September 19, 2019
In high school, Liz Grace thought physics was boring and instead considered studying psychology or music.
But then a college professor inspired Grace to see the wonders of physics. Today, as a NIF & Photon Science Summer Scholar, she’s helping to design and build a diagnostic instrument that could become a revolutionary measurement tool for NIF’s Advanced Radiographic Capability (ARC) laser system.
The Georgia Tech physics PhD candidate is adapting STRIPED FISH, an ultrashort laser pulse measuring technology pioneered by researchers at her university, at the Lab’s Jupiter Laser Facility (JLF). NIF scientists eventually hope to use STRIPED FISH — an acronym for Spatially and Temporally Resolved Intensity and Phase Evaluation Device: Full Information from a Single Hologram — to both directly measure ARC pulses and to develop plasma mirror technology for ARC.
“It measures everything that you would want to know about a pulse,” Grace said. “The possibilities are just endless. We keep thinking of more and more things to use it for. It’s really thrilling to see all of the stuff that can be done.”
Grace, 26, worked at JLF’s COMET laser last year, partly helping on a team of Summer Scholars working on new x-ray light sources to apply in high energy density (HED) science experiments. But she was also deploying STRIPED FISH, a device based on holography that can accurately measure what an ultrashort pulse laser shot looks like in both time and space.
“It’s the only diagnostic capable of obtaining all of this information in a single shot,” she said.
NIF Physicist Tammy Ma didn’t meet Grace last year but heard about her and her work. When Ma learned Grace was returning to Livermore, she suggested the NIF scholar program and a chance to work on one of Ma’s physics projects.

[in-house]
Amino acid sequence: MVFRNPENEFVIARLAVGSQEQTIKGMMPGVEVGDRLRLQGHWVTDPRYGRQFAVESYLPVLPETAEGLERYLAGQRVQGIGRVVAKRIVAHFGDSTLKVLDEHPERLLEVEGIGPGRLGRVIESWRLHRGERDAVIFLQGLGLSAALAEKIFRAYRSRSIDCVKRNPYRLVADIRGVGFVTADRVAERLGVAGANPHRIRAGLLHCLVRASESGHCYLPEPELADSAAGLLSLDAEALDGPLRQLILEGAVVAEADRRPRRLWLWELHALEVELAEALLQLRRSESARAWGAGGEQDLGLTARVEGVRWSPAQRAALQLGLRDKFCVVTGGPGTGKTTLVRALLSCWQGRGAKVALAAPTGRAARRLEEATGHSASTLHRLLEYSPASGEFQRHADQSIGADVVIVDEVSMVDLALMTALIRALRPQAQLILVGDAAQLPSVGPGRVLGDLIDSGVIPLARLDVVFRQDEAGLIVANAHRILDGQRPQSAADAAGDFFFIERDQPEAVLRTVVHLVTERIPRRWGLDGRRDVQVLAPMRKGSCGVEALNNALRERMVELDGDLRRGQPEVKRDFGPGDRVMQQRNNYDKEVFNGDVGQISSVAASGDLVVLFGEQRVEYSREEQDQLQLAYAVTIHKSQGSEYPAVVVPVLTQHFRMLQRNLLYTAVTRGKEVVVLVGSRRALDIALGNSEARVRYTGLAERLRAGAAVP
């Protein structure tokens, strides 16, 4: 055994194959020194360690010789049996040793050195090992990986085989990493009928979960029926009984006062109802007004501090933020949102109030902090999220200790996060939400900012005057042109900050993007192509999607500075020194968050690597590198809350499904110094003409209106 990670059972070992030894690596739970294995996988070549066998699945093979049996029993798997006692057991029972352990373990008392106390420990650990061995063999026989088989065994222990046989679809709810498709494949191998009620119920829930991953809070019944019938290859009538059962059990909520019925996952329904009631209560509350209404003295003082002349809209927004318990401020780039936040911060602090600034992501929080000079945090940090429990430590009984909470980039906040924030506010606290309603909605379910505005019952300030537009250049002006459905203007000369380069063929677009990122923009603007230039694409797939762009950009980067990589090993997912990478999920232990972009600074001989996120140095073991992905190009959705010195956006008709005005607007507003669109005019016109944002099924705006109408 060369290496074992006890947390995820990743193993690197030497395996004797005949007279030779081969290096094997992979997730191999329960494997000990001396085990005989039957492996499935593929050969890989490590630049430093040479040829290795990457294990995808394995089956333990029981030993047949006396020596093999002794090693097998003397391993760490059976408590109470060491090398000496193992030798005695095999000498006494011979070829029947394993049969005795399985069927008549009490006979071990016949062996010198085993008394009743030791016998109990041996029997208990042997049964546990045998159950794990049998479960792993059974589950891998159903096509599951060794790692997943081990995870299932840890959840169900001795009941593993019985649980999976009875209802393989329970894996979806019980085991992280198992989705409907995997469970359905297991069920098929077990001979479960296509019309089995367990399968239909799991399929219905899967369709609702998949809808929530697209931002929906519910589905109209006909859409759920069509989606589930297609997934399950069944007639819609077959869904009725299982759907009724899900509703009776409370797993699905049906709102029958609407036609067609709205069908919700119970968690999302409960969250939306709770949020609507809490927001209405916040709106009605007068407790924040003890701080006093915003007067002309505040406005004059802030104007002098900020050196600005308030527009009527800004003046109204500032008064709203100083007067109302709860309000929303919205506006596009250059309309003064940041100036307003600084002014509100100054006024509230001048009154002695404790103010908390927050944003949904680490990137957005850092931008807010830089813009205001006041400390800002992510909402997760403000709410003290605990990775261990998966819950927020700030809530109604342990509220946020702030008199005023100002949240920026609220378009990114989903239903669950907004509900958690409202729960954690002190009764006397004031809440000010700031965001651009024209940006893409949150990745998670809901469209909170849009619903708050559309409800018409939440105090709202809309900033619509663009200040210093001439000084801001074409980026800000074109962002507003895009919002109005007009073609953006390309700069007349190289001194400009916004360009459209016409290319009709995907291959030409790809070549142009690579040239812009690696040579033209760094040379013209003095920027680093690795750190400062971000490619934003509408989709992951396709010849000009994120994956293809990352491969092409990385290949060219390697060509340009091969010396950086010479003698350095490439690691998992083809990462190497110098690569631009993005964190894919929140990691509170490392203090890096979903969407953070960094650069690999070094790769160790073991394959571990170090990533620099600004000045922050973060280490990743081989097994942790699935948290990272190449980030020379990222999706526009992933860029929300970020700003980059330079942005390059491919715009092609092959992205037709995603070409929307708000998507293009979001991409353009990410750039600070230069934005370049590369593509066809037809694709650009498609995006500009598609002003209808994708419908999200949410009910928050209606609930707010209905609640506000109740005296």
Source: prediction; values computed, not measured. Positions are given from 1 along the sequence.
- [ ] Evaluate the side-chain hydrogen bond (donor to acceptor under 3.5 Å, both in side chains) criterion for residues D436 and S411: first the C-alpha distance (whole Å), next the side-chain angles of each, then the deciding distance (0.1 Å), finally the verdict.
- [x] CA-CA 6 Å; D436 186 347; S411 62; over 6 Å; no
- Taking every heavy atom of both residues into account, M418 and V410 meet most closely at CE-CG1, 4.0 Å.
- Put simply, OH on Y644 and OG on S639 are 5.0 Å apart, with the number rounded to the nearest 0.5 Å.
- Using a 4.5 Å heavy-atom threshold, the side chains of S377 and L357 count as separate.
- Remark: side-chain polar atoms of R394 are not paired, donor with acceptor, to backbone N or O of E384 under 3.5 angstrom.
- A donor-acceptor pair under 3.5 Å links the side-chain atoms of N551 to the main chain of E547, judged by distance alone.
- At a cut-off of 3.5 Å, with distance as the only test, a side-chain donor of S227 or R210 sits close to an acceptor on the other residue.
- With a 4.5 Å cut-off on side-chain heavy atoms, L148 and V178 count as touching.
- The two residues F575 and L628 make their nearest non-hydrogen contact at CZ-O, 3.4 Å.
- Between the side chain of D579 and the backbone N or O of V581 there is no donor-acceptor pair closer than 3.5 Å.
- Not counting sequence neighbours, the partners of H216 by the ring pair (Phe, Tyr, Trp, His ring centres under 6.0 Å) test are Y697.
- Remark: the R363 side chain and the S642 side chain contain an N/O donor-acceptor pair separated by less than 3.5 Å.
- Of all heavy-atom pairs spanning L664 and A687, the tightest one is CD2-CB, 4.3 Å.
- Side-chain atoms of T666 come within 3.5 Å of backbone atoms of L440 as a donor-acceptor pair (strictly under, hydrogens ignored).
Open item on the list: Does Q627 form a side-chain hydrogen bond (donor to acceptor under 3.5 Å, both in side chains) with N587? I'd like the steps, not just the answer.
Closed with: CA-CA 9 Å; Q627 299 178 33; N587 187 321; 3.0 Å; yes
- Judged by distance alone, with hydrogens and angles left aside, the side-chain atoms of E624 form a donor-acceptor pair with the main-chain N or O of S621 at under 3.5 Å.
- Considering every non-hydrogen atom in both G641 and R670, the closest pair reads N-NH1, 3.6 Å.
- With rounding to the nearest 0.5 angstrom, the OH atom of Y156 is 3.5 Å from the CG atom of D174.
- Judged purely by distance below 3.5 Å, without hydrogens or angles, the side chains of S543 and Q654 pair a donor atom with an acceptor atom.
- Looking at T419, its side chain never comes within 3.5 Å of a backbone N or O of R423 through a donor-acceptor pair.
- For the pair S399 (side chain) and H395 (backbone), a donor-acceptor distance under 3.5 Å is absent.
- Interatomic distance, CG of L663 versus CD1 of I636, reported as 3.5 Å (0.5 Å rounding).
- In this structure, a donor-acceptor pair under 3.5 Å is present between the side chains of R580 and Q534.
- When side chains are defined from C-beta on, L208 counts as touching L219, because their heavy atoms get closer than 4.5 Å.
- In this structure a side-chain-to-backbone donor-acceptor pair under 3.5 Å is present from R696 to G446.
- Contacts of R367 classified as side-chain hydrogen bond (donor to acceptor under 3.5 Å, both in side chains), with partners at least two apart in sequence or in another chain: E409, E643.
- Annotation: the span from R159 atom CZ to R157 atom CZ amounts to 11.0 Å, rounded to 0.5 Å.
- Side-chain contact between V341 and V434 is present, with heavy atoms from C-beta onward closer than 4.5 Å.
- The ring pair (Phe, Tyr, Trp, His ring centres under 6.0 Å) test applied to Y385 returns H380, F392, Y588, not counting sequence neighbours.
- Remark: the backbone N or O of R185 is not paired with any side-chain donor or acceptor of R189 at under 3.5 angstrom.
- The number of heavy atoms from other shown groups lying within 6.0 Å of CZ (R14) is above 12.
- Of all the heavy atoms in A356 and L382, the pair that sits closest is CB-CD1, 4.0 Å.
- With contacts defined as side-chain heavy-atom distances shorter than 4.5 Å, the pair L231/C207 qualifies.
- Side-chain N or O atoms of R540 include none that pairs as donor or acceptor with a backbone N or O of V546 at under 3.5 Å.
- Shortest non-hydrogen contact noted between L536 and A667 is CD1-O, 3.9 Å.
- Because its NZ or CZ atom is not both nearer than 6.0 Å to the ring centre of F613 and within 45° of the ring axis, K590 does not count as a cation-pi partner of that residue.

NIF scientists want to be able to use a plasma mirror as a disposable version of the facility’s conventional optics, which are used to shape, split, delay, or redirect lasers. Initially, the plasma mirror is solid, but becomes a plasma when it is ionized.
Plasma mirrors could be used inside the Target Chamber, where there isn’t enough space for a conventional optical mirror, to change a beam’s characteristics just before it hits the target. Plasma mirrors have been used in mid-scale short pulse laser facilities, but haven’t been tried at NIF, the world’s largest and most energetic laser.
Scientists propose using plasma mirrors with ARC to refocus the beams to obtain higher intensity levels but need to know more information about the processes involved.
“We often can measure what’s going on with the mirror as we’re blowing it up, but it’s harder to measure what the laser looks like after it bounces off,” Ma said.
That’s where STRIPED FISH comes in.
“You want to map the critical surface of the plasma mirror as it undergoes these laser plasma interactions,” Grace said. “STRIPED FISH is really the only game in town if you want to see all that stuff at once.”
Ma said Grace is building a replica of last year’s STRIPED FISH diagnostic to deploy on JLF’s Titan and COMET lasers. On COMET, it will measure the evolution of the spatio-temporal field of plasma mirrors under irradiation in the multi-picosecond regime. For Titan, the diagnostic will provide precise short-pulse measurements.
“Ideally, we would like to put one on ARC, but we have to demonstrate that it works,” Ma said. “The short term work is really about getting a good, clean measurement. Then she’ll be doing an experiment in the fall where we’ll use the instrument to measure what the laser looks like coming off a plasma mirror.”
Her thesis advisor is Georgia Tech physics Professor Rick Trebino, who is renowned for developing STRIPED FISH and other ultrashort-pulse measurement techniques with colorful wild-life acronyms, including FROG, GRENOUILLE, and SEA TADPOLE. He called Grace “one of the most motivated and brilliant grad students” he’s ever encountered.